Pros and Cons of a Tennessee Community Property Trust

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Pros and Cons of a Tennessee Community Property Trust

Estate Planning

A community property trust (CPT) is a special type of trust that allows married couples to convert their jointly owned property into ‘community property.’ Though this trust structure originates from the community property laws prevalent in nine states in the U.S., a Tennessee Community Property Trust is available for residents of this state, thanks to the distinctive legislation enacted in Tennessee in 2010.

Community property laws deem all property acquired during marriage, with certain exceptions, as equally owned by both partners. When one spouse passes away, the entire property is given a ‘step-up’ in basis, providing significant tax advantages. This ‘step-up’ is what separates community property trusts from typical jointly owned assets, as the latter only gets a partial basis adjustment.

How a Community Property Trust Saves Tax

The primary advantage of a community property trust lies in the tax benefits it offers. Specifically, the ‘step-up’ in basis allows for substantial savings on capital gains tax. Here’s how it works:

When an asset appreciates in value, capital gains tax is owed on the difference between the purchase price (or ‘basis’) and the selling price. A ‘step-up’ in basis adjusts the asset’s cost basis to its fair market value at the date of the owner’s death. Therefore, if an asset is sold after the owner’s death, the beneficiary would owe less in capital gains tax, potentially even zero if sold immediately.

For example, let’s say you and your spouse bought a property in Middle Tennessee for $100,000 and that was included in your community property trust. Fast forward many years later, the property has a fair market value of $500,000. When your spouse dies, if the property is sold at the fair market value, you would pay no sales tax. If the property was sold for $510,000, you would only have to pay taxes on the $10,000.

In a traditional joint ownership scenario, only the deceased’s half of the property receives a ‘step-up’ in basis. However, with a community property trust, both halves of the property receive a ‘step-up,’ effectively reducing the potential capital gains tax if the property is sold later.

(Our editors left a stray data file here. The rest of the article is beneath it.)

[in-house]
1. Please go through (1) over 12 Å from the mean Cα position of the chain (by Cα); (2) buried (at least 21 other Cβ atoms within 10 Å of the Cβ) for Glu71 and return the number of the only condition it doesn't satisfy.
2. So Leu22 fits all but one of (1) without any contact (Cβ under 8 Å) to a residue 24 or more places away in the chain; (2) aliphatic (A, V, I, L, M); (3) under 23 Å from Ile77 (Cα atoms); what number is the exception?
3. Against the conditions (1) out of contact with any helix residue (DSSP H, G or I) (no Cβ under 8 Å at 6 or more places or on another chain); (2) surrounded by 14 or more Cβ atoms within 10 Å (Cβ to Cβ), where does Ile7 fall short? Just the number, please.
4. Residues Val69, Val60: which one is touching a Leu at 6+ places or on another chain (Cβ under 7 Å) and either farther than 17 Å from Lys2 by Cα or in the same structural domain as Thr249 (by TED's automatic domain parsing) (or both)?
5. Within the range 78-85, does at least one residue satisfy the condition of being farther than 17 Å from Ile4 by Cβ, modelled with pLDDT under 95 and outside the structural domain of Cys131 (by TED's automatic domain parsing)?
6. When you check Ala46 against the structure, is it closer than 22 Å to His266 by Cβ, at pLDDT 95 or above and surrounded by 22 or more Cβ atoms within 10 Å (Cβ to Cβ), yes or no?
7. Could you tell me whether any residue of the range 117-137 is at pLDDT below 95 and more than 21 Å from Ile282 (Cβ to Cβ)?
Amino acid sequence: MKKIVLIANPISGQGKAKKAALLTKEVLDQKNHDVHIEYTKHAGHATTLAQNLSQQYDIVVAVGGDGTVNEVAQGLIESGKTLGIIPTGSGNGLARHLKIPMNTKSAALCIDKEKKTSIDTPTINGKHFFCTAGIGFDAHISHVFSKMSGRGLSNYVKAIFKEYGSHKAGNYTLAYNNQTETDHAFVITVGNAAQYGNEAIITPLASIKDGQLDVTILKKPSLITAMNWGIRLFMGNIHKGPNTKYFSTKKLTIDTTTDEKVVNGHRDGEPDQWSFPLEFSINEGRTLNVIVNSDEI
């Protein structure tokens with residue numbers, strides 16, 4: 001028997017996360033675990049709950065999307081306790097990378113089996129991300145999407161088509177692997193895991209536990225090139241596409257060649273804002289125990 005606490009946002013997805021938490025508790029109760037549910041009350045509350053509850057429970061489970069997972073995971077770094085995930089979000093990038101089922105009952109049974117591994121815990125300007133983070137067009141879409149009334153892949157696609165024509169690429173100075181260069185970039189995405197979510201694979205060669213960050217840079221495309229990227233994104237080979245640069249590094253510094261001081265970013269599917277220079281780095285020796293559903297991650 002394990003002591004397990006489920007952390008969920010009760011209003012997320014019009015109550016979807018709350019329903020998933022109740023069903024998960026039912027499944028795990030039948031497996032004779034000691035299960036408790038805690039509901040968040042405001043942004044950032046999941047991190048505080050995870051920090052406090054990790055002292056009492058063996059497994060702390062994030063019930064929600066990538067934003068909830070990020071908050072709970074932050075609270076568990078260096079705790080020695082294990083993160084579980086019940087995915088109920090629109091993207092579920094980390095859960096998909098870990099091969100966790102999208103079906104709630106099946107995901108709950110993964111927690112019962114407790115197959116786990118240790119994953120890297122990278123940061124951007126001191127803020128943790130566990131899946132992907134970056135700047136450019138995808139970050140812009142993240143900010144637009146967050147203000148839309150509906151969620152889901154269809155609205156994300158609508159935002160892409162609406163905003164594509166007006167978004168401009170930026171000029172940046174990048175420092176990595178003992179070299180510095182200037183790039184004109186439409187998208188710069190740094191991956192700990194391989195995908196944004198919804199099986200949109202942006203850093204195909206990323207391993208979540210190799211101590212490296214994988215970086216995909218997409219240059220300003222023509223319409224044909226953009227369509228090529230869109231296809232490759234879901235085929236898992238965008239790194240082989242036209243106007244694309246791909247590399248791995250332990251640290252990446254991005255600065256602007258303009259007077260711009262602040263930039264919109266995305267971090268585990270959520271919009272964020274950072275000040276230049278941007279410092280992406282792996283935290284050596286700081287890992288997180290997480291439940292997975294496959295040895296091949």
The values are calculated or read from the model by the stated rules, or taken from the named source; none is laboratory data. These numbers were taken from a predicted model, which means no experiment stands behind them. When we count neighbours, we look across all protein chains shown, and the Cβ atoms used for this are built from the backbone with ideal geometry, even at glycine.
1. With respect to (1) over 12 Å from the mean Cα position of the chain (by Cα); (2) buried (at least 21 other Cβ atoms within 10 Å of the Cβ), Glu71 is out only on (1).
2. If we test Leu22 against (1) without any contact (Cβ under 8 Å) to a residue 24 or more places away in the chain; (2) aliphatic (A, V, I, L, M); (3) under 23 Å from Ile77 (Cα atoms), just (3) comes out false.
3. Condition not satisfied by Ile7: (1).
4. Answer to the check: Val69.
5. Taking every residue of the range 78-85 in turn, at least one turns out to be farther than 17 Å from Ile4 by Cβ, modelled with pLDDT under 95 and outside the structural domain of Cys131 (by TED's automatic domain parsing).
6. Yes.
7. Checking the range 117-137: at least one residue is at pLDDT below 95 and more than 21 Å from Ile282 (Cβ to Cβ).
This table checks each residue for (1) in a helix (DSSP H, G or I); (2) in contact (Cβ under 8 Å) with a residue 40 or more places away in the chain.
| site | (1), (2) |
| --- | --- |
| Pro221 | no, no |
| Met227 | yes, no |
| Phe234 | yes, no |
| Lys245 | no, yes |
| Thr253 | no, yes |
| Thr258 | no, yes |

The Pros of a Tennessee Community Property Trust

Tax Savings: As discussed, the main benefit of a Tennessee Community Property Trust is the tax savings offered via the full ‘step-up’ in basis. This advantage can lead to significant financial benefits, especially for high-value assets that have appreciated over time. This can be especially true for those who have assets with a high evaluation rate, like real estate or stocks.

Flexibility: Unlike some other trust structures, the trustees retain complete control over their assets while living. They can amend, revoke, or terminate the trust at any time, without needing consent from the other spouse or trustee.

Estate Planning: A Tennessee Community Property Trust is a valuable tool for estate planning, as it enables both spouses to pass their share of the community property to the surviving spouse or any other designated beneficiary without probate.

The Cons of a Tennessee Community Property Trust

Complexity: The rules around community property trusts can be complicated, requiring the expertise of a knowledgeable estate planning attorney. Managing a community property trust can be more complex than other trusts, given the strict requirements on property titling and record-keeping. It can also require the creation of a business entity, like an LLC, if you have out-of-state property. This requirement would make the property owned by an intermediary, and not directly owned by the community property trust.

Cost: The cost of establishing and maintaining a community property trust can be higher than other trusts due to its complex nature. This includes legal fees, administrative expenses, and potentially trustee fees.

Limited Asset Protection and Terms: Community property trusts do not offer as robust asset protection as some other types of trusts. Assets within a community property trust are considered jointly owned, so they may be vulnerable to creditors of either spouse. Also, because of the significant tax advantages afforded to married couples in a community property trust, assets within the trust will have to be split evenly 50/50 in the event of a divorce (absent an apparent agreement inside the trust).

Tennessee Residency: Another downside of the Tennessee Community Property Trust is that at least one resident must be a “qualified trustee,” meaning a resident of Tennessee. For couples residing in Tennessee, this is not much of a concern, but for couples residing outside of Tennessee or in situations in which only one spouse resides here, the necessity of having a qualified trustee potentially poses significant hurdles.

Wrapping It Up

A Tennessee Community Property Trust can be an effective tool for tax planning and estate management, especially for residents in the greater Nashville area who have assets with a higher evaluation rate. However, they also come with potential complexities and costs. As such, it’s crucial to consult with a knowledgeable estate planning attorney to understand if a Tennessee community property trust is suitable for your circumstances. If you are interested in learning more about creating a trust to save on taxes, schedule a free consultation with Crow Estate Planning and Probate by calling 615-288-5949.

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